As I get older, it becomes clear at some point life and faith starts be less about the dramatic decision that will shape your future and becomes more about coming to grips with what you have done with your past. It’s about really seeing what loves behind the eyes of those around you as they look at you.

A song like Hurt helps me to think about that (as does Picasso’s “weeping woman”), but very few contemporary worship songs I have heard offer much in this regard.

Responses
Rodd Jefferson 16 years ago

Fernando,

These are very insightful yet somewhat frustrating words. I think I understand what you mean, but what kind of worship songs suit you best? What sort of content should they have?

Your point about ‘singles’ is totally true, and also convicting. As I write I try to make each song stand as a ‘hit’ on it’s own, and I work hard to try and use common language without sacrificing too much of the beauty of music and lyric as an artform.

Thanks for posting this – I want more dialogue on this one, so please have a go at answering the questions I’ve raised here (if only for my sake!).

Fernando Gros 16 years ago

Yeah, I made sure to put the word random in the title, because I’m still trying to think aloud about this stuff.

I will come back to the hits thing in a follow up post tommorrow. Maybe we need to be writing albums and collections, instead of writing hits?

My first draft of this had a few examples, but I pulled them for the sake of space. One thing I want to try and do is create a few little quicktime movie presentations pulling some hymns and songs apart to explain the ideas of internal and external detail and how that works.

I’m trying to focus not just on theological content, but also things like positional detail – you know, here I stand, i fall at your feet, I kneel before you – those sorts of generic verb descriptions. Surely we can do better there. Also, I’m keen for more of a sense of place, e,g, I live in the city, not on a farm where I see deer panting all around me. That sort of thing.

Thanks for posting though. My thoughts are not formed here and I NEED the dialogue with others who are trying to write better worship material.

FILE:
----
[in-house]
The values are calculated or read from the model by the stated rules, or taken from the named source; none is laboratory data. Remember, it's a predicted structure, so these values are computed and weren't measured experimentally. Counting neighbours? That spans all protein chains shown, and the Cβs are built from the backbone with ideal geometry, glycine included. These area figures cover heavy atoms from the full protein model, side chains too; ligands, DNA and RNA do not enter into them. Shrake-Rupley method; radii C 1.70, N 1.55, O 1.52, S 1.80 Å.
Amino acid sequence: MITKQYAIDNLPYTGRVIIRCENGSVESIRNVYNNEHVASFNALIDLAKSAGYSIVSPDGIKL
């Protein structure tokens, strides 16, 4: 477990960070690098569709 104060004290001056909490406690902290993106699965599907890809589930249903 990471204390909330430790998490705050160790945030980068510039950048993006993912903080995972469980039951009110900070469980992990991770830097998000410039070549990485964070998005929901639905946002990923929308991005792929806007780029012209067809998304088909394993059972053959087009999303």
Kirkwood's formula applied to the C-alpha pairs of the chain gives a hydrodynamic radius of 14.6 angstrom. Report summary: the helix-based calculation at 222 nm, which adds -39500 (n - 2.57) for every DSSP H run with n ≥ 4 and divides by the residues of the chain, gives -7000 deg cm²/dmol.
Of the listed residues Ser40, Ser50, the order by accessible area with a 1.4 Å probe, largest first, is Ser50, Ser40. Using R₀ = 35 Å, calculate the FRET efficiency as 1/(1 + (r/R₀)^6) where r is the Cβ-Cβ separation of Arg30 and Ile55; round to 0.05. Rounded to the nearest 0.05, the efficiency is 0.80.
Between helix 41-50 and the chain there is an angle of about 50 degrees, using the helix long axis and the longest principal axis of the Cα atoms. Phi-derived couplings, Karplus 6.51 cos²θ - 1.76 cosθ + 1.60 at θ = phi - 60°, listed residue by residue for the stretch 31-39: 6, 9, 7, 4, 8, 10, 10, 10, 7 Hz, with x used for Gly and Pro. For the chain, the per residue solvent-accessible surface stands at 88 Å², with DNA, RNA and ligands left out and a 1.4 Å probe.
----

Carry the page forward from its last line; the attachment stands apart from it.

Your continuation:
Rodd Jefferson 16 years ago

Fernando,

We’re very much the same in this regard. I do some of my best thinking outside of myself. Here’s my thinking:

1) There’s something about the Psalms. How can lyric / song written so long ago speak so wonderfully of a genuine relationship with God? Simple, it’s God’s words, I suppose. The thing that is key for me about the Psalms is how un-church-like a lot of the expressed thoughts are – hoping for enemies to be destroyed; crying out to a God that is absent; longing for life to be different because of the pain and the struggles. This very strongly suggests to me that we need to work a lot more on a balanced expression of worship to God (yes, it’s still worship!!).

2) Jesus communicated to us what it meant to belong in the Kingdom of God using words that really made sense to the people of the day. He uses well-structured imagery that most people were able to connect with because it was relevant and ‘common’.

3) Whilst it’s clear that our life experience changes our view, this accumulated over our lifetime, there has to be something about corporate worship that is ‘for the body’. I’m certain that expressing something together as God’s gathered people forms a major part of not only our worship of God and our serving one another, but also as a glimpse of heaven when God gathers us all together. I’m not saying that we should dumb down our lyric to the lowest common denominator, but we do need to use words and imagery that everyone can relate to. Perhaps this is why hymns were so effective?